GOP Brandishes 2nd Amendment against Kagan
Key Republicans made a last ditch effort on Wednesday to persuade fellow senators to vote against Supreme Court nominee Elena Kagan, making a case for what they described as her hostility towards the historic right of gun ownership.
“When it comes to the 2nd Amendment, I believe that Ms. Kagan shows a blatant disregard for the United States Constitution, and a feigned ignorance for the intent of our founders when crafting this amendment,” said Sen. John Ensign (R.-Nev.).
Sen. Lisa Murkowski (R.-Alaska) said Kagan “ducked the question” during several days of confirmation hearings last month when asked about recent court cases to uphold the right, or pleaded ignorance of the law.
Kagan said she “never had the occasion to look at the history underlying the 2nd Amendment, I find that very hard to believe,” Murkowski said.
“Elena Kagan evidently has not thought much of the question,” Murkowski said. “At best, she is uninterested … and at worst, unsympathetic.”
Although Kagan told members of the Judiciary Committee during her hearings that the right to own handguns in certain cities was “settled law,” Sen. Thad Cochran (R.-Miss.) said he wasn’t so sure, and that she would likely support overturning those recent cases.
“Bottom line, the fact that Solicitor General Kagan refused to answer our questions about her personal opinions on the right to bear arms leads me to conclude that she does not believe people have a natural right of self-preservation,” said Sen. Chuck Grassley (R.-Idaho).
“At the hearing, Solicitor General Kagan was unwilling to discuss her personal views on the 2nd Amendment or whether she believed the right to bear arms is a fundamental right. When I asked her about her thoughts on the issue, she simply replied that she had never thought about it before. I also asked her whether she believed that self-defense was at the core of the 2nd Amendment. She could only respond, ‘I have never had the occasion to look into the history of the matter.’ As a former constitutional law professor both at Chicago and Harvard, Solicitor General Kagan’s response is troubling,” Grassley said.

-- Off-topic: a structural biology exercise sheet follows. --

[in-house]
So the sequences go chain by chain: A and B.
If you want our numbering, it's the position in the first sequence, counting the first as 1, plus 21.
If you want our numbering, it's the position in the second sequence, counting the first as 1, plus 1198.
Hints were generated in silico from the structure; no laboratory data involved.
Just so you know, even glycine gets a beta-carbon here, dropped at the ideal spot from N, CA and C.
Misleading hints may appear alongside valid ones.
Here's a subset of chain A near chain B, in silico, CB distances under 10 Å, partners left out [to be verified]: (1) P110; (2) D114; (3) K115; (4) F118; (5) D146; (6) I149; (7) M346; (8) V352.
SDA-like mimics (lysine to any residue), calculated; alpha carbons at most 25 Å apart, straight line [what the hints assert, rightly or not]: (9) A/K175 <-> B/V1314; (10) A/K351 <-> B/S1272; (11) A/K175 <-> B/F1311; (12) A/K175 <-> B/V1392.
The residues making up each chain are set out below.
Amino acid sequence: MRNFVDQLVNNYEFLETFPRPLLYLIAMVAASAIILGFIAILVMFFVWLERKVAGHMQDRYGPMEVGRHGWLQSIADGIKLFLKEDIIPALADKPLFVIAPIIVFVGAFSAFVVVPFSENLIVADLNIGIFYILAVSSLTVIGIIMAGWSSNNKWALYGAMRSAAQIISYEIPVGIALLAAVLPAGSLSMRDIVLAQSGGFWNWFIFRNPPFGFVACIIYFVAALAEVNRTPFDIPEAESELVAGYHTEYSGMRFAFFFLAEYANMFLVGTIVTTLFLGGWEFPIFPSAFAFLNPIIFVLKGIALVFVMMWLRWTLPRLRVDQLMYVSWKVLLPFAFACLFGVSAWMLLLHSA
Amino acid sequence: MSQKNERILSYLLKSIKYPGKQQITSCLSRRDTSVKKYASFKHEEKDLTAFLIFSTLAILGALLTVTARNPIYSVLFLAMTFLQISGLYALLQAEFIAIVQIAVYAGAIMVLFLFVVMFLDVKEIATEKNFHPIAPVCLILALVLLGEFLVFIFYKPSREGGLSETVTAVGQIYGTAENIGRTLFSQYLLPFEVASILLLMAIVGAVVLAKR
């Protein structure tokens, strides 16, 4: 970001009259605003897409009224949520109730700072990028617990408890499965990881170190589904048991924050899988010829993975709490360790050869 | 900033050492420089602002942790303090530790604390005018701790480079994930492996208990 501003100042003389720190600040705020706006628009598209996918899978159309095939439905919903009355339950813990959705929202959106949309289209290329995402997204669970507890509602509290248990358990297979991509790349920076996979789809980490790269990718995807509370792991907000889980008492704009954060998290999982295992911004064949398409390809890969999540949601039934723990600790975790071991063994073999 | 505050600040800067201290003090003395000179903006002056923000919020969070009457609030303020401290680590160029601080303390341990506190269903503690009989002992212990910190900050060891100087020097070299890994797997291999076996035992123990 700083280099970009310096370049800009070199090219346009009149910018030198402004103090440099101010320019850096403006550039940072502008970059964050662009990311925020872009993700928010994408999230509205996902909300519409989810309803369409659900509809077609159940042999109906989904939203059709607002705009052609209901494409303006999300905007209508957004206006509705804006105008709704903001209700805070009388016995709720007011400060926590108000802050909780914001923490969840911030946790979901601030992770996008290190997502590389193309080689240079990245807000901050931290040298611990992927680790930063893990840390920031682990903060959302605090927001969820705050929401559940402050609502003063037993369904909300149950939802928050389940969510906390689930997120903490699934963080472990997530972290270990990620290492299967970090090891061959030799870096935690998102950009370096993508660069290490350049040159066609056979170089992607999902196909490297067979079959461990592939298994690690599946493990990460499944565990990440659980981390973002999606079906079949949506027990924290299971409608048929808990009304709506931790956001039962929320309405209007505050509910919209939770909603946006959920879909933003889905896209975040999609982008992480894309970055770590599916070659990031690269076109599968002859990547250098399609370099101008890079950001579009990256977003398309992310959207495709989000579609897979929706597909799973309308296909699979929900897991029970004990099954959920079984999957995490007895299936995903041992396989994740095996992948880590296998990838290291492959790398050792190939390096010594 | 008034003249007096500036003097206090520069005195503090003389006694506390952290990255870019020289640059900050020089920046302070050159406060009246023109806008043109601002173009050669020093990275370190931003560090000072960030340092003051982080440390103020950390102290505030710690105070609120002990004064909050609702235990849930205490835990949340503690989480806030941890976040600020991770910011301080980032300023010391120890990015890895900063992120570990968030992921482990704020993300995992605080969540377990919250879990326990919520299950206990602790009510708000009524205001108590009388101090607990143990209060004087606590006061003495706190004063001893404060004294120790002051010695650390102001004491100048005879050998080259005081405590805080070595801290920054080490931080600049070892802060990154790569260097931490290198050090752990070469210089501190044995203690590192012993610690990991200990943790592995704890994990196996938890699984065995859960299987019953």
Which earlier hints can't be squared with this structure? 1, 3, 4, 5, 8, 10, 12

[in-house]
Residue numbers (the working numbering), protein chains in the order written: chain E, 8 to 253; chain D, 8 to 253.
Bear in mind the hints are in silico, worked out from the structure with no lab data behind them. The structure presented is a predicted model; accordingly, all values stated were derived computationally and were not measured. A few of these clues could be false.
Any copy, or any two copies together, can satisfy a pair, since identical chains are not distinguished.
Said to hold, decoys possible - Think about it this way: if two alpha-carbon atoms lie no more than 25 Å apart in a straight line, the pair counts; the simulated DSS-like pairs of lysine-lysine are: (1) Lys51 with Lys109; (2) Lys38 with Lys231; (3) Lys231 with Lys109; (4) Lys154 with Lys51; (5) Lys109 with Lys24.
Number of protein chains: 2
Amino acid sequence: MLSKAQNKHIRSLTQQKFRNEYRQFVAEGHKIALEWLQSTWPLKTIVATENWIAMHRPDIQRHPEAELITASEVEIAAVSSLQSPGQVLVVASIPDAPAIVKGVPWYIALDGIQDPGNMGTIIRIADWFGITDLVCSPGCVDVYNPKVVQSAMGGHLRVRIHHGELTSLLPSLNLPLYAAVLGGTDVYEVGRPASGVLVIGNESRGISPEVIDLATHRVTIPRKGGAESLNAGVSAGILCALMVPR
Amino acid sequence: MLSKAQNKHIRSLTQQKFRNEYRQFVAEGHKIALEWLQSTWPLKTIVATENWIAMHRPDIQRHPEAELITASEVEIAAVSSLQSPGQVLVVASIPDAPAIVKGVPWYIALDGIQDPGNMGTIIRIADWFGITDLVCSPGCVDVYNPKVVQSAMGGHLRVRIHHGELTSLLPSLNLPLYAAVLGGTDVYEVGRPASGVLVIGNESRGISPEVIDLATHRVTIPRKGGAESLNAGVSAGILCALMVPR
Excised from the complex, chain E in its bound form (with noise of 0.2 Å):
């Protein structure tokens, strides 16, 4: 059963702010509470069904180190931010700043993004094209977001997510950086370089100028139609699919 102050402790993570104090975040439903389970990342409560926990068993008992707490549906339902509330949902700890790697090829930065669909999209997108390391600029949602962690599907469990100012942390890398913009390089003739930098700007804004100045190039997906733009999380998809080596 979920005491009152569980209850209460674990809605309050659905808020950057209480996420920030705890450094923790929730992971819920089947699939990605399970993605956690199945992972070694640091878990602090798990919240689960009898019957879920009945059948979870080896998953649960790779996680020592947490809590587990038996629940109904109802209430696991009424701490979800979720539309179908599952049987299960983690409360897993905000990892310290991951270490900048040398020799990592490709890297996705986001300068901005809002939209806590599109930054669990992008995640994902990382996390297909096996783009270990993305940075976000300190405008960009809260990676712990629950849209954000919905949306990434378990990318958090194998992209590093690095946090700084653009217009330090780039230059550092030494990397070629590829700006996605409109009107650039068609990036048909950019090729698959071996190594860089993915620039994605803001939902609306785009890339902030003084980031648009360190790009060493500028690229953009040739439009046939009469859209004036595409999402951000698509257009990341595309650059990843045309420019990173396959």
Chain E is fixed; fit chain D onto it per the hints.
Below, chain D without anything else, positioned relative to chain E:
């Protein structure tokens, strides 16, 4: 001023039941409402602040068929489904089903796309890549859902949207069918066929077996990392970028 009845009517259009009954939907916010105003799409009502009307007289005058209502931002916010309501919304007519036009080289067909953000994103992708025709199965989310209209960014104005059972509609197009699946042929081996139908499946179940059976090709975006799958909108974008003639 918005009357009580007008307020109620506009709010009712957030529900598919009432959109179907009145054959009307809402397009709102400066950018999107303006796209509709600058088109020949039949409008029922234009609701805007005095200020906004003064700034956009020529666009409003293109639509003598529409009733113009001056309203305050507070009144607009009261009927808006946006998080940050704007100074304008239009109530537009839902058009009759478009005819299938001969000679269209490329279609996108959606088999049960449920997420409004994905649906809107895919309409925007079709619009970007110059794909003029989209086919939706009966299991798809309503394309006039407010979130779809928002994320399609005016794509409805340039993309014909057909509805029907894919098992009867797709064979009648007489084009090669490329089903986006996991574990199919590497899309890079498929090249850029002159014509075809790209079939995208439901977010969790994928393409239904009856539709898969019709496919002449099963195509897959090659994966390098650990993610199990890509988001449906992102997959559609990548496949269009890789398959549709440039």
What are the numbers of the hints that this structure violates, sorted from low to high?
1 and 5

The National Rifle Association launched its own lobbing effort against Kagan that had Capitol Hill phones ringing in opposition this week.
Sen. Saxby Chambliss of Georgia told colleagues his office has received only one phone call in support of Elena Kagan, while thousands of Georgians have called and emailed him urging him to vote against the nominee—a response he described as “extremely unusual.”
In a memo to supporters, the NRA urged members to call their senators before the final vote confirming Kagan to the lifetime appointment.
“Both her political career in the Clinton administration and her testimony before the Senate Judiciary Committee make it clear that Kagan is a serious opponent of our 2nd Amendment rights,” the memo said.
In stating his opposition, Chambliss cited Kagan’s record on abortion, military recruitment, and finally, gun rights.
“She has demonstrated hostility towards the 2nd Amendment and gun rights,” Chambliss said.
At least 32 Republicans have indicated they will vote against Kagan, along with one lone Democrat, Ben Nelson of Nebraska.
Nelson told the Omaha World-Herald that Kagan has shown a “bias against the 2nd Amendment.”
Specifically, Nelson recalled a note that Kagan wrote when she served as a Clinton Administration aide referring jointly to the NRA and the Ku Klux Klan and another comment she made while clerking for the Supreme Court that she was not sympathetic to gun rights.
“This gets right down to the nitty-gritty of a constitutional right that I think a number of people have been very concerned about, including myself,” Nelson told the paper.
Republicans planning to support Kagan include Susan Collins and Olympia J. Snowe of Maine, Lindsey Graham of South Carolina, Richard G. Lugar of Indiana, and Judd Gregg of New Hampshire.
Republican Sen. Christopher S. Bond of Missouri has declined to announce his position on the nominee until he can meet with her personally before the vote, which is expected on Thursday.
Sen. Scott Brown of Massachusetts has also declined to announce how he will vote on the nominee.